Back on April 14TH of 1980, I was involved in a head on car crash, which happened while I was in an alcohol induced blackout.  I tell you this now because it might have contributed to my suspicious thinking, which eventually led to full-blown paranoia.
I quit that job in February of 1981 without having another job.  Eventually I went to live with my parents who suggested that I see a psychiatrist.  I met with the doctor for no more than one-half hour, and he prescribed 10 milligrams of Stelazine. This was a shock to my body and in February of 1984, I signed myself into the John Dempsey hospital in Farmington, Connecticut.  For the first week there I was not well.  The doctor recommended Thorazine.  This med worked well enough to have me discharged from the hospital to atransitional living facility in Hartford, Connecticut.

For the next 8-9 years. I repeated what would become a pattern.  I would do well on a new med, then decompensate and have to be hospitalized.  Throughout this time I was also drinking beer, off and on.  I had a total of 19 admissions, with stays lasting 2 months to 2 years. In 1992, while at the Norwich State Hospital, a doctor suggested that I try a new med called Clozaril.  With an adjustment to take it all at bedtime, that turn out to be my last hospitalization until a 4-day stay for anxiety in 2013.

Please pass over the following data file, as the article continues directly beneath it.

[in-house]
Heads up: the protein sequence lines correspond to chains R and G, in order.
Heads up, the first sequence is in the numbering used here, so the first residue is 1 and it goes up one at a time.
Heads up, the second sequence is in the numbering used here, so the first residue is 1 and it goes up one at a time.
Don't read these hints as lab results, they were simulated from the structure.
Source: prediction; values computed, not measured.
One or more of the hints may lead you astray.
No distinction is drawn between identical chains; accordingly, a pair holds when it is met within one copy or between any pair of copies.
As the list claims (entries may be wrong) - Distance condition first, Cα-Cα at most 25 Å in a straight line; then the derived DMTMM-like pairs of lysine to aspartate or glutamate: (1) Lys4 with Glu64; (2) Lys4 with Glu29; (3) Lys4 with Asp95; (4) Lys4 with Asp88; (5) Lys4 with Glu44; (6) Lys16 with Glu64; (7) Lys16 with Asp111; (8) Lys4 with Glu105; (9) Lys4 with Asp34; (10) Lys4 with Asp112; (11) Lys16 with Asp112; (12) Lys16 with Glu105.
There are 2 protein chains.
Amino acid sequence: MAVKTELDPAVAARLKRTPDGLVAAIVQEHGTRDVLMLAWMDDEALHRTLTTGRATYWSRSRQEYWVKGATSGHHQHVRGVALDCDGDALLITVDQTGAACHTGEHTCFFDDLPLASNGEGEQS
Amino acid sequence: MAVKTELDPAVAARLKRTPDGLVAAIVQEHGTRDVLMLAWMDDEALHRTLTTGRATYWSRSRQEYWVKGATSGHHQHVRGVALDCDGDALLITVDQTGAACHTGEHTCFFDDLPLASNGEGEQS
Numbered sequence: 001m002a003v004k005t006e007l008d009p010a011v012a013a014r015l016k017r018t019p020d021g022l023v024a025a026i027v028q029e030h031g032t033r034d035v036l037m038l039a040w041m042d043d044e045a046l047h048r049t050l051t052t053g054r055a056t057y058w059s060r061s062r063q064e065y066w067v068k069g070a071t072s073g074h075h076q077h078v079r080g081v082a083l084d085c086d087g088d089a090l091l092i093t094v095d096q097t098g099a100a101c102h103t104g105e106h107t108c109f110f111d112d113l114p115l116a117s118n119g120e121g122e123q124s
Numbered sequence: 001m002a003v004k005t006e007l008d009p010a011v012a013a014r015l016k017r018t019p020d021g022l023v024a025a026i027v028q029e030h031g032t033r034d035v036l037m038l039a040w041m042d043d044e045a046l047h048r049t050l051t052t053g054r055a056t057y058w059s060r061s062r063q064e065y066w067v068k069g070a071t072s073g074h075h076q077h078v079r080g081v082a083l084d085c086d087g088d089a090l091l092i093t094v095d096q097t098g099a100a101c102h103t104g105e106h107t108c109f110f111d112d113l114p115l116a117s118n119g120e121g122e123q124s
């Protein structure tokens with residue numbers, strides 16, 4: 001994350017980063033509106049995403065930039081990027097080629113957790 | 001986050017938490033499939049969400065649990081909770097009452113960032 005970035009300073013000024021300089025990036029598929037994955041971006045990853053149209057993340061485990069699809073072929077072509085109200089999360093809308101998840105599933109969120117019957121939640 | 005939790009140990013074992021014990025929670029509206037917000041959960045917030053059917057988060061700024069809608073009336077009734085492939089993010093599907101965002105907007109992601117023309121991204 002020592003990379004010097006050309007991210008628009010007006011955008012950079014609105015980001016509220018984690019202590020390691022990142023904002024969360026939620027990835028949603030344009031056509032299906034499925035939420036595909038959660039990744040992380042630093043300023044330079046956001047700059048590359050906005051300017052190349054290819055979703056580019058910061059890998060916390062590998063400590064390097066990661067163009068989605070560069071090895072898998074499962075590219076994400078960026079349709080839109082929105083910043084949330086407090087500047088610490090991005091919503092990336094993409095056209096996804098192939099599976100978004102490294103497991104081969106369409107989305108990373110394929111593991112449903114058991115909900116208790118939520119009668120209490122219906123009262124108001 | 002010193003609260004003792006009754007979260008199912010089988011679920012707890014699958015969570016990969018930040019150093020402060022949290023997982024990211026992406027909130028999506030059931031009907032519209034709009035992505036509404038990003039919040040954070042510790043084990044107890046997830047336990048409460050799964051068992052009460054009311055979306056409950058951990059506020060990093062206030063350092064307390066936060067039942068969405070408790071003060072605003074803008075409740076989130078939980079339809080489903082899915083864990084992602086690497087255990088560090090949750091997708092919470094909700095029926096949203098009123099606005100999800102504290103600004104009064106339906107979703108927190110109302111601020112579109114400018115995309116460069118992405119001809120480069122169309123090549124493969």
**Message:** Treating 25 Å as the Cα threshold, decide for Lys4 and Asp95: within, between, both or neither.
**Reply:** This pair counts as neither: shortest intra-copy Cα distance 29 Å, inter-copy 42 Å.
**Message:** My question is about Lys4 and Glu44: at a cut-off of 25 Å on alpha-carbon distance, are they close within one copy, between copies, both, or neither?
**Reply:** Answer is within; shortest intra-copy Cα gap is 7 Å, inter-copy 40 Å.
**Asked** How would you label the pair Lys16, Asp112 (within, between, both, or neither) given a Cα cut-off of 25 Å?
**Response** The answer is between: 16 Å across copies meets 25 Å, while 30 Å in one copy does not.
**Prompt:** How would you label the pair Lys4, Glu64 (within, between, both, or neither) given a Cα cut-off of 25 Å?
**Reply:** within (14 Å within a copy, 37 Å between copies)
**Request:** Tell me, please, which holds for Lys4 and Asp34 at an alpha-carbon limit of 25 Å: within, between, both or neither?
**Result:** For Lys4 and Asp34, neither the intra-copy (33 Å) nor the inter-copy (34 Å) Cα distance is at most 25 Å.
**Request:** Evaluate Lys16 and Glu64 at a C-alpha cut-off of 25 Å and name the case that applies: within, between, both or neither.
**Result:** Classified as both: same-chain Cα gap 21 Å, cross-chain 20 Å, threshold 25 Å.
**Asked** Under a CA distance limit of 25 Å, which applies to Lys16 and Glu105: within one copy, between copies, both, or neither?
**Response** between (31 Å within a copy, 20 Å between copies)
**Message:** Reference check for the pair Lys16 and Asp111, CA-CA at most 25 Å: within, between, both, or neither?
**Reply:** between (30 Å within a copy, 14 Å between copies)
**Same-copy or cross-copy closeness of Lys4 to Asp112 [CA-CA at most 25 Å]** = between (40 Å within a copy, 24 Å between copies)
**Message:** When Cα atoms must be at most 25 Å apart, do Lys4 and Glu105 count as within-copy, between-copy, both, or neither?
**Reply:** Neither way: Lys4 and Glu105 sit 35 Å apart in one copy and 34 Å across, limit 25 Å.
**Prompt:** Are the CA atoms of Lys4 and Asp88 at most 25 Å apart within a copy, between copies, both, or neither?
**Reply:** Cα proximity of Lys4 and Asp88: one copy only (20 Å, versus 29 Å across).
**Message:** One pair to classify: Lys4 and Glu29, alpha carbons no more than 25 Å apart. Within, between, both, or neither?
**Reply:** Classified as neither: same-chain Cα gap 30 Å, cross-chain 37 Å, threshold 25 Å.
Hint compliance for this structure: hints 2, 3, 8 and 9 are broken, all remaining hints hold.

During that same hospital stay at Norwich State, I stopped drinking beer.  I continue to bea recovering alcoholic with 23 years of sobriety.  In March of 1995 I secured a full time position with the Western Connecticut Mental Health Network (WCMHN) in Torrington, Connecticut.  I continued to work there until my disability retirement in December of 2014.

I was introduced to Schizophrenics Anonymous by Jim Cronin.  I refer to Jim as my SA mentor as he helped me to start the Torrington area SA meeting in 2004.  Today it is aclosed meeting.  It is a class within the Recovery & Wellness program at WCMHN.  I have been involved as the paid staff person from 2004 until December 2014, when I retired.  Along with Jim Cronin, I was one of the first moderators of the SA group calls.  In 2014 I was elected to the SARDAA Board of Directors.  SA has been a very important part of my life and recovery.

Can playing video games improve your health?

A new study posted in Psychiatric Services has linked playing video games to better health. In the study patients with Schizophrenia participated in a 12 week program where they exercised for 1 hour, three times a week. The study found that the patients, who were given multiple choices of aerobic exercise options, chose active-play video games more than any other option. The study also reported that patients’ heart rates while playing the games was similar to other aerobic exercises. The patients reported that they enjoyed the games and were willing to recommend them to others. People with Schizophrenia are more likely to be sedentary than most of the population. The study shows promising evidence that active-play video games, such as Xbox 360 with Kinect are a good way to get schizophrenic patients to be more active and may improve neurocognition.

To learn more, click here to read the study.

Largest Schizophrenia and Schizoaffective Disorder Caregiver Survey Reveals Overwhelming Burden and Inadequate Assistance